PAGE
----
The Guardian, 15th June 1991 (ocr)

Operation Orchid chief promises more arrests
Sarah Boseley-reports on police attempts to trace suspected victims of paedophiles
YESTERDAY'S conviction of Leslie Bailey marks only the first phase of an inquiry In which other charges, likely to Involve murder and abduction, are expected within weeks, the head of the investigation said yesterday.
Detective Chief Superintendent Roger Stoodley, who has led Operation Orchid, an investigation into the fate of a number of missing children going back to 1980. said four other men were questioned in the Barry Lewis inquiry.
He said: "Today we see the end of phase one of the inquiry which has taken 18 months. It will continue until all those concerned in the death and abuse of Barry Lewis are brought to justice.
"With our colleagues from Thames Valley Pollce, we are also determined to ensure that those involved in the disappearance of Mark Tildesley are brought to justice." Mark. seven, disappeared in 1984 from a funfair in Wokingham, Berkshire.
Operation Orchid was set up after the jailing of four men, including Bailey, for the man-slaughter of Jason Swift. Jason had run away from his sister's home In Hackney in 1985 and turned to prostitution to survive. He was paid £5 each by the four men to submit to sexual acts, and died from strangulation during the orgy.
Bailey was found guilty of attempting to choke the boy. He and Sidney Cooke, a 62-year-old fairground worker, were also convicted of committing acts tending to pervert the course of Justice by disposing his body winch had been washed to get rid off any forensic evidence and dumped in a copse In Essex.
The bodies of Jason and Barry were found five days apart in November 1985. Both had been tranquillised with Valium, violently sexually assaulted, and dumped from a car. They were both lying naked, In foetal positions.
One of the men jailed for Jason's killing was sald to have told police that Bailey was responsible for Barry's death.
Police were also helped by a cellmate of Bailey, disgusted at his talk of child murders, who wrote to Scotland Yard and kept copious notes of conversations to help detectives.
After being moved to a secure police station where he was questioned with Ms solicitor and a counsellor because of concern over his mental state, Bailey confessed he had killed Barry.
Operation Orchid's operations have only just begun to illuminate the murky and savage world of paedophilia. Last June police began digging In a synagogue ear park in Clapton, east London, following Information from one of the men behind bars that an adolescent boy was buried there. The car park turned up some crushed bone fragments, but they were found not to be human.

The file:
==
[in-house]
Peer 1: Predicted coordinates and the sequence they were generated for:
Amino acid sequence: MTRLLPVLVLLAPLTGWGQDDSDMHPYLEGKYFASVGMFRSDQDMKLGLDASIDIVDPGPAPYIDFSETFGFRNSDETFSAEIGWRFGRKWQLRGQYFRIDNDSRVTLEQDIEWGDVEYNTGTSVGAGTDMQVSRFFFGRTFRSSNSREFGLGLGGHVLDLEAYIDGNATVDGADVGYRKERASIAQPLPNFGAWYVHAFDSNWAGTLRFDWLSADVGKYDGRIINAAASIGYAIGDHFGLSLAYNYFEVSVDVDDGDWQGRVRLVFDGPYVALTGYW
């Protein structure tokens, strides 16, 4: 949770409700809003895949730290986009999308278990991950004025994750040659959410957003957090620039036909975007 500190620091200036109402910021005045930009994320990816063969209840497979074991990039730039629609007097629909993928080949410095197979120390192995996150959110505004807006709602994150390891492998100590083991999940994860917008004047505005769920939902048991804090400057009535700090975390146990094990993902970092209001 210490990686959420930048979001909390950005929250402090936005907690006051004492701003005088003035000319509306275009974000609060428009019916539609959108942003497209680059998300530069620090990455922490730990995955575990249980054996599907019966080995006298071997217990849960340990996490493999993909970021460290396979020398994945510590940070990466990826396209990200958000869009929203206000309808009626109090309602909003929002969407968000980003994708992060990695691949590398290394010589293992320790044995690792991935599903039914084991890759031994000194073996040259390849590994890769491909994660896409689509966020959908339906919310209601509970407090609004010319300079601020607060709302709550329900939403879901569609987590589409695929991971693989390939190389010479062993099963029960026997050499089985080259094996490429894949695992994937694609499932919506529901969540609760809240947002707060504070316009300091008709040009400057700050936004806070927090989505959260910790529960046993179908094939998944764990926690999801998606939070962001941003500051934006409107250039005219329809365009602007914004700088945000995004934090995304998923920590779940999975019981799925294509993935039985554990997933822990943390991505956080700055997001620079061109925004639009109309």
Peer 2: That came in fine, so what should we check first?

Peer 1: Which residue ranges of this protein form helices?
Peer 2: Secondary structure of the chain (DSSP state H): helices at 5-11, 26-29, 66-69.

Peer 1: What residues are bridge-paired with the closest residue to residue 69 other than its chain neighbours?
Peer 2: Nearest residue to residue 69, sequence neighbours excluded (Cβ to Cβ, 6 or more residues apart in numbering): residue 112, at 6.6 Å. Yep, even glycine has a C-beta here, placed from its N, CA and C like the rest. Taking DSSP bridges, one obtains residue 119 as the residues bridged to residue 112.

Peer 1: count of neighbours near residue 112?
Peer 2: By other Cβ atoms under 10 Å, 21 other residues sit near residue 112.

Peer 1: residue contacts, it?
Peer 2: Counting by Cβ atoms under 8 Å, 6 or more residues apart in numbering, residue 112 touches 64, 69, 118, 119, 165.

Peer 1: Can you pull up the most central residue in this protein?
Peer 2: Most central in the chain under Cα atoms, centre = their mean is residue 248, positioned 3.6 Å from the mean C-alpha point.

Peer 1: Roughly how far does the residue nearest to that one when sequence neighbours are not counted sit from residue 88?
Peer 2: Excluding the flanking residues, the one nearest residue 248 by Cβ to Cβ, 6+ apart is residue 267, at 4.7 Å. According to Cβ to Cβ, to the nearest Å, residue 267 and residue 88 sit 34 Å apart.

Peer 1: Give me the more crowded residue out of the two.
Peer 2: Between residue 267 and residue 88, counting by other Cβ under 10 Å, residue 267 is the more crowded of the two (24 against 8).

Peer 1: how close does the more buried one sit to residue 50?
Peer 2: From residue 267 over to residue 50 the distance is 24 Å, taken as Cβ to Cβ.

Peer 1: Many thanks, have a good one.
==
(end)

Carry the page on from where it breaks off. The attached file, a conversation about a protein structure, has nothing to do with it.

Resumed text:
In July, Chief Supt Stoodley spoke of two paedophile rings in east London and Kent, and said on television: "My information at the moment Is that nine boys have been murdered in cases of child sex abuse."
Police appealed for information about "snuff movies", suggesting that children may have been lured to parties where they were abused and killed in front of the camera. The telephone hotline number they issued was jammed, though no genuine snuff movie has yet been found by Scotland Yard.
Information obtained during the interrogation of the four men convicted of Jason Swift's manslaughter also led to the reopening of the file on Mark Tildesley who went alone to a fairground in Wokingham Berkshire in 1984 at the age of seven and was last seen with a man in a raincoat.
Police with sniffer dogs recently searched a nearby field, and Detective Superintendent Mick Short at Thames Valley suggested that progress had been made. "I am hopeful that at the end of the day charges will be brought," he said.
Mr Stoodley called yesterday for better pooling of information. "That paedophile ring had been operating in Hackney for five years before we caught them. It is an indictment of all of us, the police, agencies and the public, that we didn't pick it up earlier.
"The people living on Kings-mead estate where this paedophile ring operated, in the flats next door, by didn't they call us? Social services have children referred to them, are given information. Why didn't, they call us?"
A national register of missing People, due to come into operation next year was also needed urgently to replace the existing "haphazard" system, he said. At present, each of the 52 mainland police forces keeps its own index.
He welcomed the Home Secretary's announcement last week that people serving four years or more for sex crimes would undergo a treatment regime, but added: "1 don't think prison is necessarily the answer. Sex offenders tend to be segregated under Rule 93 where their record can make them something of a celebrity and they can trade stories. What is needed is some intervention to break the cycle."



Orchid chief promises more arrests (15.6.91)